Tryout Overview [Part 1]
Spring time marks the end of a long-cold (but exciting) hockey season – and for many, brings with it a set of tryouts. Older players begin trying out for junior teams, younger players try out for select spring teams, and many Tier I teams hold their tryouts for next season. Over the past several weeks, I’ve received many emails asking my thoughts on tryouts – how to handle them, what to look for, how to structure the ice times, etc. Since this topic can get quite lengthy, I decided to break this down into two separate posts (the follow-up coming next week Monday/Tuesday). In this post, I’ll cover my opinion of how to structure the ice times and choose the right types of drills. Please keep in mind, this post is geared toward youth players. I know we have readers who are coaching high-level teams (Junior/College/Professional), but my hunch is they’ve already got a pretty good grasp of how to run their tryouts!
Step 1 – Planning Your Session(s)
The first step to running a successful tryout is the ability to effectively plan the usage of the available ice time. Knowing whether you’ve got one day, or five days to choose your team will make a huge difference in how you approach your plans. For argument sake, let’s assume you have three-90 minute sessions at your disposal for tryouts. Try to find out well ahead of time what your schedule is so you can plan accordingly. One of the worst things a coach can do is enter the tryout portion of the season unprepared. This often sets the tone for the rest of the season – plus, you only get one chance to make a first impression!
Step 2 – Include Skill Drills
Before going any further into your plans, you’ve got to understand what age and level you’re coaching and have a solid grasp of just how talented the group you’re working with is. If you’re looking to select a low-level Mite (Novice in Canada) team, you plan much differently than if you’re working with a Midget AAA team. A solid rule of thumb is: the younger the groups, the more basic fundamental skill drills you should run during tryouts. Remember, tryout sessions are not the time to be spending a lot of time explaining new drills. With any group/level, you need to have a solid grasp of what the players are capable of. For example, if you’re working with a Mite/Novice team, it may be worthwhile to run a simple backwards skating drill. Often times at the younger ages, players aren’t yet proficient in that particular skill – so it’s best to see that up front. If you’re working with an older, more advanced team, you should look at performing a high-tempo edgework drill to see which players are able to skate efficiently at top-speeds.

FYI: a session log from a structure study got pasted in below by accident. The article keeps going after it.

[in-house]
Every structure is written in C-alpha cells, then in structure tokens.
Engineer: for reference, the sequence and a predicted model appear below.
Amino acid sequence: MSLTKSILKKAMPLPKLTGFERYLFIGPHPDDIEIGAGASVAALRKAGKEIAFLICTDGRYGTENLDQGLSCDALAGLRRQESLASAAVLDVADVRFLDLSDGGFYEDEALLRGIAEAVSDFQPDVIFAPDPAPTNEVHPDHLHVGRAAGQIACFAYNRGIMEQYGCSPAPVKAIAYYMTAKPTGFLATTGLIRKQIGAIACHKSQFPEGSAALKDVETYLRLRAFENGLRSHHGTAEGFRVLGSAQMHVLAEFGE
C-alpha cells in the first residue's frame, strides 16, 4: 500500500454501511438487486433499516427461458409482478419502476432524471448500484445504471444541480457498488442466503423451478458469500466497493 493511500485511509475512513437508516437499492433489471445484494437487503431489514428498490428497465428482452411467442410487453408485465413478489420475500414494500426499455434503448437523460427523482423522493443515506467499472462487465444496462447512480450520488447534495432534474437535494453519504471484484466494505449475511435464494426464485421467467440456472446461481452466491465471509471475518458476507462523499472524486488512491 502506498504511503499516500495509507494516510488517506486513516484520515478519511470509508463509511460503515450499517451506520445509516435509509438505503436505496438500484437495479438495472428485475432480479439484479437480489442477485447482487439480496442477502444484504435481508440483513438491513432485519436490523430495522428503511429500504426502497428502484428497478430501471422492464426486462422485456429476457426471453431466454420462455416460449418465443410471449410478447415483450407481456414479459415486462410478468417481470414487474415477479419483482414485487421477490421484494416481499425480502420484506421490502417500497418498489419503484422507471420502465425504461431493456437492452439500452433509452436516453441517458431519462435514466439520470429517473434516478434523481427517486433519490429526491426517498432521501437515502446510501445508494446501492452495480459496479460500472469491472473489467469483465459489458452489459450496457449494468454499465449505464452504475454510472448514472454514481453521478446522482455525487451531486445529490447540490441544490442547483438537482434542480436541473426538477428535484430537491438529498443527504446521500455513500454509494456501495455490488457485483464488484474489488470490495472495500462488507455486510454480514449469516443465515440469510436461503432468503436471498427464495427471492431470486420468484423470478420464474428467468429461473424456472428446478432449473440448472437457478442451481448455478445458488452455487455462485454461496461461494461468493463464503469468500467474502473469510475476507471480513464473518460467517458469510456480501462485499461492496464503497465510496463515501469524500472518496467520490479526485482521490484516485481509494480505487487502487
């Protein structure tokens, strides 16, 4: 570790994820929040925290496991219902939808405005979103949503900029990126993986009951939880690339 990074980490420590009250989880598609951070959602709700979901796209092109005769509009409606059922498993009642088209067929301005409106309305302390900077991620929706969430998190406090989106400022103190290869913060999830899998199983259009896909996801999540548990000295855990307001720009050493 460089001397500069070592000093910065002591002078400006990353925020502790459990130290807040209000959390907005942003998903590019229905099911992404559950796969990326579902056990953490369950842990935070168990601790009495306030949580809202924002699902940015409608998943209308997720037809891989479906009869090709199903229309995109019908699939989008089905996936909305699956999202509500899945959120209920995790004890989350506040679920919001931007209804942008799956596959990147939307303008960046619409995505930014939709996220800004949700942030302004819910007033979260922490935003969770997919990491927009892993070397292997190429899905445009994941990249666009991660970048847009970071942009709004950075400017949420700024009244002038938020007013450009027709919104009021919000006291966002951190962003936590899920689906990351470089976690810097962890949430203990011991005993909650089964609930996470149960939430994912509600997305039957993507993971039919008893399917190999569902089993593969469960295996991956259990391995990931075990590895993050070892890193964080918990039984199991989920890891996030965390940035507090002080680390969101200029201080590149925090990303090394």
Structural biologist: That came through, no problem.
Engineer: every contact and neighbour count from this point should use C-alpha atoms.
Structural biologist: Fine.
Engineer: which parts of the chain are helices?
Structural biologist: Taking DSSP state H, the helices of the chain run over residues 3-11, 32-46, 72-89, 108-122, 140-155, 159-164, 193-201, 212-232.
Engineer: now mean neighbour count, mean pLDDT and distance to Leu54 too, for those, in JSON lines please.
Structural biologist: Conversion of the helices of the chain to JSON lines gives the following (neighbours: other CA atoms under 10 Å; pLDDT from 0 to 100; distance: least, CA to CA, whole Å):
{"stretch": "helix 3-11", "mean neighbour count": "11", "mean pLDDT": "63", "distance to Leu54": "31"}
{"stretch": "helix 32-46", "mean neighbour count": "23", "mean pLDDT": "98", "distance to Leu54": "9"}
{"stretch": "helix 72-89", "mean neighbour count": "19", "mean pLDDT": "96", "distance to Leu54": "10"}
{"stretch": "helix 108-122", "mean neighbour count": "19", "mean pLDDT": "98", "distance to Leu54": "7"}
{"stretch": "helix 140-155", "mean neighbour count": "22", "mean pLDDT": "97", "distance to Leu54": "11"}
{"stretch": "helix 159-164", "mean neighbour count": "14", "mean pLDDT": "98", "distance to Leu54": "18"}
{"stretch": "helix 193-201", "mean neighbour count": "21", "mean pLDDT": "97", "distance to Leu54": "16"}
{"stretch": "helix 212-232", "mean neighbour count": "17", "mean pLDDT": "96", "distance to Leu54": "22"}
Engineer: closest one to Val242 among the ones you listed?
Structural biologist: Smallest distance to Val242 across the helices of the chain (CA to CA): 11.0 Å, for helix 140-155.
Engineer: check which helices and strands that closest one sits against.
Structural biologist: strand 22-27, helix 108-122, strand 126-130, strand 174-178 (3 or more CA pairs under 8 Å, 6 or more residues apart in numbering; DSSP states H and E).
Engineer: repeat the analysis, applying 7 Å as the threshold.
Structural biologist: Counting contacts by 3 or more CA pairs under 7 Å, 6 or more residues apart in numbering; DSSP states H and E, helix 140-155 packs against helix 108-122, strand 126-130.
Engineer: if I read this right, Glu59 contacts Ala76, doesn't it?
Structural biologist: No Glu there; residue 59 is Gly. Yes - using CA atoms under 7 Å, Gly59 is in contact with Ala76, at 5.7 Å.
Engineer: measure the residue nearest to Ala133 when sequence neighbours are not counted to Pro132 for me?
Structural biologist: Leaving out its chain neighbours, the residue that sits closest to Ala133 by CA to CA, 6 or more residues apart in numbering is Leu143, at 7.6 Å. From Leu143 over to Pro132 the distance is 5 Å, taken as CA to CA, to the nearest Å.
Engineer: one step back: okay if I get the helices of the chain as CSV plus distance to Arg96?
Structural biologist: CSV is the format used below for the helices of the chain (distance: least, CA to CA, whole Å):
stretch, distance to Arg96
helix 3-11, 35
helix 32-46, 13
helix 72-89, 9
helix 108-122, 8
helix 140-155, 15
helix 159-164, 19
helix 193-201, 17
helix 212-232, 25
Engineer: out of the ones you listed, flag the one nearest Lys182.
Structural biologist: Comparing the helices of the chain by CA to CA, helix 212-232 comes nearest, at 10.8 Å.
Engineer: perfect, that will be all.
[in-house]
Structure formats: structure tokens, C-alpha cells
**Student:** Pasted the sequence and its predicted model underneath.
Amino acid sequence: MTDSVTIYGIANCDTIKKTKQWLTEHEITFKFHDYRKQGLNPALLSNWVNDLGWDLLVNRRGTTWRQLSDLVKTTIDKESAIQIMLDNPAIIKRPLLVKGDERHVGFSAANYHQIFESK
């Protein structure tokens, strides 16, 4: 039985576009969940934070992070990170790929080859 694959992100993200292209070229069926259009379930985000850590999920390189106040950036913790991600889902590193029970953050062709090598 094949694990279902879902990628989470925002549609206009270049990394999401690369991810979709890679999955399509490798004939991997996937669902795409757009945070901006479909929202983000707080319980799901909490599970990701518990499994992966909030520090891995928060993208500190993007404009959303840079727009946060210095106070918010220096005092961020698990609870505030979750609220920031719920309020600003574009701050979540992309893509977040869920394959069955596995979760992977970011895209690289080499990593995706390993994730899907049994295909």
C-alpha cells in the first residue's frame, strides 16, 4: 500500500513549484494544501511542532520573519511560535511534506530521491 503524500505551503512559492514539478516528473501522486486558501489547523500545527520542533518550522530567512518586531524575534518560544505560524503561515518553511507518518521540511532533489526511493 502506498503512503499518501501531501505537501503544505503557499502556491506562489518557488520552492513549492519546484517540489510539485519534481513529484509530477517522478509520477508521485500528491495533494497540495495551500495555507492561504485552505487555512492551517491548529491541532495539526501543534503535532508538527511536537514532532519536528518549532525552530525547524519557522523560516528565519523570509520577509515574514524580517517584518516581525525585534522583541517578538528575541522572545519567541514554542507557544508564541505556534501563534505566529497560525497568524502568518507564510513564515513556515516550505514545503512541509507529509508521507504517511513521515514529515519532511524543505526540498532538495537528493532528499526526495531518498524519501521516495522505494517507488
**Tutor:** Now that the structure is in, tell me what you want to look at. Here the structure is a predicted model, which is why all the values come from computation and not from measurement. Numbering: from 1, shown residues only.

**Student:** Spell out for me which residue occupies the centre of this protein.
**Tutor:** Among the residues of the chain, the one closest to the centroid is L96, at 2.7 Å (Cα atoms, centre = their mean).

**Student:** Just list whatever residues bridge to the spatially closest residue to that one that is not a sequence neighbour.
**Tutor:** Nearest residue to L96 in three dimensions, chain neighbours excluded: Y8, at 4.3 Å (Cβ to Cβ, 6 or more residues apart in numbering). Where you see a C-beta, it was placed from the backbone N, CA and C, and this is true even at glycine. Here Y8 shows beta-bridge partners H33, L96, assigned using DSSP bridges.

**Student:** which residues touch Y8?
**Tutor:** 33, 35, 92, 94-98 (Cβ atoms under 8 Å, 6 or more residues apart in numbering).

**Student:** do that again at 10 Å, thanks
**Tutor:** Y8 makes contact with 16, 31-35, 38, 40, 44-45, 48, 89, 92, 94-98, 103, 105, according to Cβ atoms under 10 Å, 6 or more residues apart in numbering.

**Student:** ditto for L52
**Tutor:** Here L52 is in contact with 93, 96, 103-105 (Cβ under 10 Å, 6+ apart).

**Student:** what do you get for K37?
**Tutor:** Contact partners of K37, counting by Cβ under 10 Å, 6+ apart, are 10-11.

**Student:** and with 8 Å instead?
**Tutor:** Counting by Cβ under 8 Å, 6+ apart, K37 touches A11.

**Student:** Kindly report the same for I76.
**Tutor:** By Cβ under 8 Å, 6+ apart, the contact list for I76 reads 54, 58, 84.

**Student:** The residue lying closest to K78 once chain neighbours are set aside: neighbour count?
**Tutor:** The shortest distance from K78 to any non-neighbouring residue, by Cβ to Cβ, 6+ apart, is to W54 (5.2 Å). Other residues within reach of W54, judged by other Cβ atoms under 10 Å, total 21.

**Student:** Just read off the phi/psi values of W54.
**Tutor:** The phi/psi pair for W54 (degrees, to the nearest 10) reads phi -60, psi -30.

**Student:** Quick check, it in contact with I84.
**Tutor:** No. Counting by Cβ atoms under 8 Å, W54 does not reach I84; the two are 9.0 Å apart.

Many times, skill portions of tryouts are overlooked. Lots of coaches would rather just have the players scrimmage and sit back and watch. Including skill drills provides two distinct benefits: 1) being able to recognize technical proficiencies and deficiencies in players 2) getting some insight as to how they interact with coaches and approach drills. If I’m picking a team, I want to know where players are strong and weak, so I can gage the group and have specifics to focus on once the season starts. I also want to know if a player is going to give me attitude every time I run a skating drill.
Step 3 – Include Competitive Drills
1 on 1 and Small Area Games are great drills to include in tryouts, as you get some insight as to who really wants to work to earn his/her position. Forcing players to compete against each other in situations other than direct scrimmages allows coaches to isolate players and match-ups much easier. These drills often times allow coaches to step back more than when running skill drills, and have time to pair particular players against each other. Keep these drill repetitions short so players can give a high level of energy the entire time. One great drill for this portion is the Corner Battle drill – it forces players to mix it up in the corners, and can show you a player’s ability to to keep his/her emotions in check.
Step 4 – Include Scrimmage Time
Finally, I do recommend including scrimmage time in each tryout session. At the end of the day, players have to play the structured game once the season rolls around. Once you’ve got some insight on their talents and competitive nature, it’s time to see how they fare in game situations. As with the competitive drills, coaches should mix and match groups to see specific players compete against each other. For example, if you’ve narrowed your list down to two defensemen you’re watching, and you notice both those players are going out against forward lines that will not make your team, it doesn’t make any sense to keep the status quo. Get those players out against other players who you’ve already selected and see if they rise to the challenge.
I believe the scrimmage portions of tryouts should be “stepped” – meaning the scrimmage portions increase in length as the tryout process goes on. If you have three sessions, perhaps the first session has 60 minutes of skills/competitive drills and 30 minutes of scrimmage – then the second session has 45 minutes of skills/competitive drills and 45 minutes of scrimmage – finally, the third session could have 30 minutes of competitive drills and 60 minutes of scrimmage.
Below I’ve included the tryout practice plans I used for the 2009-10 season. This is not by any means a definitive guide as to what you should run, but I wanted to include it as a reference. We had three-90 minute tryout sessions and followed the “stepped” format outlined above.
Download 2009-10 Tryout Example
Stay tuned next week for Tryout Overview [Part 2] – which will focus on what to look for in each of the portions of your tryout sessions.
3 Replies to “Tryout Overview [Part 1]”
Thankyou and great timing for this. Bob
This is a great help to all of us.